• aeliusblythe

      You know, I don’t know!

      I also emailed Amazon about the CC0 thing, and got a similarly vague response. I’m pretty sure they have no idea what CC0 is, and so have no idea what to do with it! It’s fair enough, since there are so few people using it. At the time, I didn’t pursue the matter, but I think the time may be coming to educate them…

      I did end up selecting the 30% royalty option and checking the “public domain” option under copyright status. While I’m not super concerned with the royalty (I keep my prices low and get like 25-35 cents per book anyway….), I regret not being able to be part of KDP Select. Were I in KDP Select, I could run free promotions every so often and have my books in the Lending Library. Alas, PD books aren’t allowed in KDP Select – probably because it requires exclusivity, and public domain is by definition not exclusive. I’m not sure there’s a way around that….

      However, I am concerned asking for “special treatment”. Like, Oh, so you want Public Domain material, but you don’t want it treated like Public Domain material, hmmm? WTF? As it stands right now, there isn’t really a category for people like us. There’s Public Domain and not (of course, there are the other CC licenses, but they still require claiming “rights” that I do not want.) There’s no Original Public Domain vs Aged-Out-Of-Copyright Public Domain. I think us CC0 folks need to coalesce and show people that we exist as a new category of Author. Of course, getting a bunch of rebels to coordinate is like herding cats, lol!

  3. leokirke

    Thanks for sharing your experience with it! I think you’re right. When I asked them about CC0, they took several days to consult with the “appropriate department” (legal dept., maybe?) only to write back and tell me that they had no idea and that I should consult a lawyer., a story I’ve told before.

    I’m still very intrigued by the idea you mentioned a while back of writing some sort of open letter or petition on behalf of CC0 artists, as few of us as there may be. I’m thinking that one of us (or both of us) should do something with that in the near future! Herding cats may not be easy, but that’d be a start, lol!

    I had similar reservations about asking for “special treatment” myself. It’s not as if I have magical get-rich-quick author dreams or anything. It’s just irritating that I’m given these two choices, and neither of them reflect who I am as an author. It’s not as if I’m uploading yet another copy of “Gulliver’s Travels” or “Romeo and Juliet” and trying to squeeze some royalties out of it, but at the same time, I’m not your standard copyright-loving “OMG DONT USE MY OCs YOU GUYZ” author either. Amazon’s 70 percent royalties are supposed to be for authors of “original works” presumably, and of course the principle there is that if someone’s going to pay for a work of art, then the artist should be paid. So naturally, authors like you and I are left in no-man’s land, not given the same treatment as others who create “original” works and relegated to the “lesser” status of someone just copying ancient writings, slapping some new formatting or something on, and making a few extra pennies.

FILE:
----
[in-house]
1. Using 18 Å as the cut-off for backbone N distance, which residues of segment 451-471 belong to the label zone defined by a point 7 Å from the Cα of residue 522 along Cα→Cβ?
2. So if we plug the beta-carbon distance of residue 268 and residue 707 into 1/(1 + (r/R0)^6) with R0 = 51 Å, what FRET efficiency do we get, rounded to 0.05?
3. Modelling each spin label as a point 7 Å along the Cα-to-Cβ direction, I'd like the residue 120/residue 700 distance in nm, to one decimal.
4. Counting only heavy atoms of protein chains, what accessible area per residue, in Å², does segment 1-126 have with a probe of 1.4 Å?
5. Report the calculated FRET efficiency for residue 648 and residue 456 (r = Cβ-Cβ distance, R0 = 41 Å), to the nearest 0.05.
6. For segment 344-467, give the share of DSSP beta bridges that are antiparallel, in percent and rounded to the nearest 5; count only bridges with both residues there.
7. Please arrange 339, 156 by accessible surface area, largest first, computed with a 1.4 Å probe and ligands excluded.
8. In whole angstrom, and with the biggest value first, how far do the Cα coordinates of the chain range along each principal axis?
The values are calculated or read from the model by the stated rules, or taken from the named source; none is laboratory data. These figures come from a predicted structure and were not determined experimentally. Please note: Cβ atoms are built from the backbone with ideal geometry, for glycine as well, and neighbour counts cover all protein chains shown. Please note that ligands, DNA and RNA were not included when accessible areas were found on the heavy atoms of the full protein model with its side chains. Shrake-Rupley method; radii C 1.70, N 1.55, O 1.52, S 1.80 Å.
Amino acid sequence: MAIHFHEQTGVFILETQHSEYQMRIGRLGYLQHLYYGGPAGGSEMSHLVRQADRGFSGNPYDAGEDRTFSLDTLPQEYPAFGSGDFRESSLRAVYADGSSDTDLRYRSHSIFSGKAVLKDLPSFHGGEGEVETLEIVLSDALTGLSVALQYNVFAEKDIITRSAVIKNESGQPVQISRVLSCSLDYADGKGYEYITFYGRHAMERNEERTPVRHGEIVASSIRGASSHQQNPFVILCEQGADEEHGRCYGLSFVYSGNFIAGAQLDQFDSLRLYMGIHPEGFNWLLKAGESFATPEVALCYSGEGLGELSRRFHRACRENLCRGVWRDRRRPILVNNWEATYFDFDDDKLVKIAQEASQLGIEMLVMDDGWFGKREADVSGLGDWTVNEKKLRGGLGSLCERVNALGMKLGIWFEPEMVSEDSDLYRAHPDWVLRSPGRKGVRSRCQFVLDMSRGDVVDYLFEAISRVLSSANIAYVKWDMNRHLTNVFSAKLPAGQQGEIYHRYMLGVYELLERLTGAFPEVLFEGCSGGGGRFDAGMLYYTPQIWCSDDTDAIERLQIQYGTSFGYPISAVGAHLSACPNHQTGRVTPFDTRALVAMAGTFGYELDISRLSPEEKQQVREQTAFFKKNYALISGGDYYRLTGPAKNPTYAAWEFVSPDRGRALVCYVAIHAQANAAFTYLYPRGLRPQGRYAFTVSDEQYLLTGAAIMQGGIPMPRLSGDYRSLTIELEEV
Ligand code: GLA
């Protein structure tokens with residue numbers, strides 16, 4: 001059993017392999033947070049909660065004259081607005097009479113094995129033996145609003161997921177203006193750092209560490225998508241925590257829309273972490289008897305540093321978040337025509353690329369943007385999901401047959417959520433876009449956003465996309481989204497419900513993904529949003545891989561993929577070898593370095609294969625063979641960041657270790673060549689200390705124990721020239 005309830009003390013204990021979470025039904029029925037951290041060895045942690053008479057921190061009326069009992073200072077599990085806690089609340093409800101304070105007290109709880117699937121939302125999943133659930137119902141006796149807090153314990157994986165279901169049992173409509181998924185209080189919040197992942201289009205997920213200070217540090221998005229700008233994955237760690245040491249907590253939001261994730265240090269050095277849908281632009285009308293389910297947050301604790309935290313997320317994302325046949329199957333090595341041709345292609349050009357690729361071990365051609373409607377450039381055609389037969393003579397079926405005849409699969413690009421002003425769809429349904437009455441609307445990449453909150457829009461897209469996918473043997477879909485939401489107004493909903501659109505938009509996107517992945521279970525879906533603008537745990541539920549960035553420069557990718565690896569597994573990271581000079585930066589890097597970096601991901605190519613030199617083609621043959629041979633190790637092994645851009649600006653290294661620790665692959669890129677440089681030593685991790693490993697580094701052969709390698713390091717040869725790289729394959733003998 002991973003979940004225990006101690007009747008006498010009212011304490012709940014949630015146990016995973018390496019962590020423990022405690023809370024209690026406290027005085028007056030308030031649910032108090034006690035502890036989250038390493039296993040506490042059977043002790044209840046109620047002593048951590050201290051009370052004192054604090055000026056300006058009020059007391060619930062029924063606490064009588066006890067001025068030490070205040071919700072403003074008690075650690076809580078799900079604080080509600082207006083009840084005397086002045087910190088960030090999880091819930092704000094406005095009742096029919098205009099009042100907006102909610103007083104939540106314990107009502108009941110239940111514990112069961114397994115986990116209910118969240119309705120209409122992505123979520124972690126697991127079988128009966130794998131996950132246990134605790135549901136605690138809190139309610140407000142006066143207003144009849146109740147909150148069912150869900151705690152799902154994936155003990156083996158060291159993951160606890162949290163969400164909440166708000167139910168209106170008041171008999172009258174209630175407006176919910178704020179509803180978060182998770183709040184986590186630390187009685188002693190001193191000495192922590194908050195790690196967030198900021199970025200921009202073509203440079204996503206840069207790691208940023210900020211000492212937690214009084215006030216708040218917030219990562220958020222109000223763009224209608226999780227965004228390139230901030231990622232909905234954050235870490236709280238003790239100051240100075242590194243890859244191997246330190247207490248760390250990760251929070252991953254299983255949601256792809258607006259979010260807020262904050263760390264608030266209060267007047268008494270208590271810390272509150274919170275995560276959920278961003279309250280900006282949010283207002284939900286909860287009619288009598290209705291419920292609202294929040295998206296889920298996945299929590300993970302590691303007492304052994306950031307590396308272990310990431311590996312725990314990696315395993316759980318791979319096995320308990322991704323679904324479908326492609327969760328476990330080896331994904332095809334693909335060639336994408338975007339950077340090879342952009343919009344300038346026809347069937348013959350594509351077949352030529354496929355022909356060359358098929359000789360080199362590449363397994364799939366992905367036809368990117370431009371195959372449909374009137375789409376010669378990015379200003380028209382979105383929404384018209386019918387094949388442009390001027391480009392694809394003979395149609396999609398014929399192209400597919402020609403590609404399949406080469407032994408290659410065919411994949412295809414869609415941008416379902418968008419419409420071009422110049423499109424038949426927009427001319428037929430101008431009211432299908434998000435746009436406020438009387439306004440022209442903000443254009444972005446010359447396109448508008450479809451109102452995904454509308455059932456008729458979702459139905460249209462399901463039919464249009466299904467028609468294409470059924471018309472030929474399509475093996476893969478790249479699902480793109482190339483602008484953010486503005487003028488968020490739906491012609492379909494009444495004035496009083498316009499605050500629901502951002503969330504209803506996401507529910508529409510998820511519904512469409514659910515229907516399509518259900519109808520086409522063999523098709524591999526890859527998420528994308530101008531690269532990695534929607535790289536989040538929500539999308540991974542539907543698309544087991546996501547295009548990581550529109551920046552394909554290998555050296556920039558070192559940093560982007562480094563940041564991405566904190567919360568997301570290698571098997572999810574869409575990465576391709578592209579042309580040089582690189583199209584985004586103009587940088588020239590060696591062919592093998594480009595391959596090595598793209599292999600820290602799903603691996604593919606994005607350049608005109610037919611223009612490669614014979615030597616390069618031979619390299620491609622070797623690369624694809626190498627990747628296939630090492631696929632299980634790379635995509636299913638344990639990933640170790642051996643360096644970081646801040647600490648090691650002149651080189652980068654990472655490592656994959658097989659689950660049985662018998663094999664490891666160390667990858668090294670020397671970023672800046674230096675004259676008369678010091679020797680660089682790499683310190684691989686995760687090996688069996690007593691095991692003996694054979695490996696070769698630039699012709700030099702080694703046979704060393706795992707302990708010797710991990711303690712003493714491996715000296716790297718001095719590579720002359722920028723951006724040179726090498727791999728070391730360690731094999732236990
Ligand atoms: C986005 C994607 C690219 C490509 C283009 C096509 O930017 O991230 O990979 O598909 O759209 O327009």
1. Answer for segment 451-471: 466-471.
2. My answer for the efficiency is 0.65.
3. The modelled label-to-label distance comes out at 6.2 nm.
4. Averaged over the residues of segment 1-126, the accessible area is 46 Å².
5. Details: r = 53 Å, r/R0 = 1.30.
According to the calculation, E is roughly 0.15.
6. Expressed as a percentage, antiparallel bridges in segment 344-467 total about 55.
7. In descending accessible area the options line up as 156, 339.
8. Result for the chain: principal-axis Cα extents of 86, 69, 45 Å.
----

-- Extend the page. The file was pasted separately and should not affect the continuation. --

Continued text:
I don’t know of hardly any other authors using CC0 besides you and Aaron Pogue. Still, perhaps we could get those proud, few CC0 people out there, even the ones who work in other mediums, to sign on to an open letter or something? At the very least, I imagine most who use CC0 now would be the type open to signing a petition or an open letter of this nature. Maybe there ought to be a collective of CC0 artists or something. (Maybe there is, and I just haven’t learned the secret handshake yet, lol.)

  4. kingmidget

    Based on my experience, the only way you can offer books for free for the Kindle is if you agree to offer it exclusively for the Kindle via Kindle Direct Publishing. You have to commit to 90 days of exclusivity and then can offer your book for free for up to 90 days. That said, I do find their claims that they have the right to control the retail price odd as everything I’ve seen about KDP and the e-downloads is that the author has control over that. For paperbacks, it’s a little different, since they set a floor under which you can’t go. Good luck with your efforts. I offered my novel for free for two days — 5,900 people downloaded it and in the two months since then, I’ve sold 400 copies. After only selling 35 copies over six months.


Leave a Reply

  • (will not be published)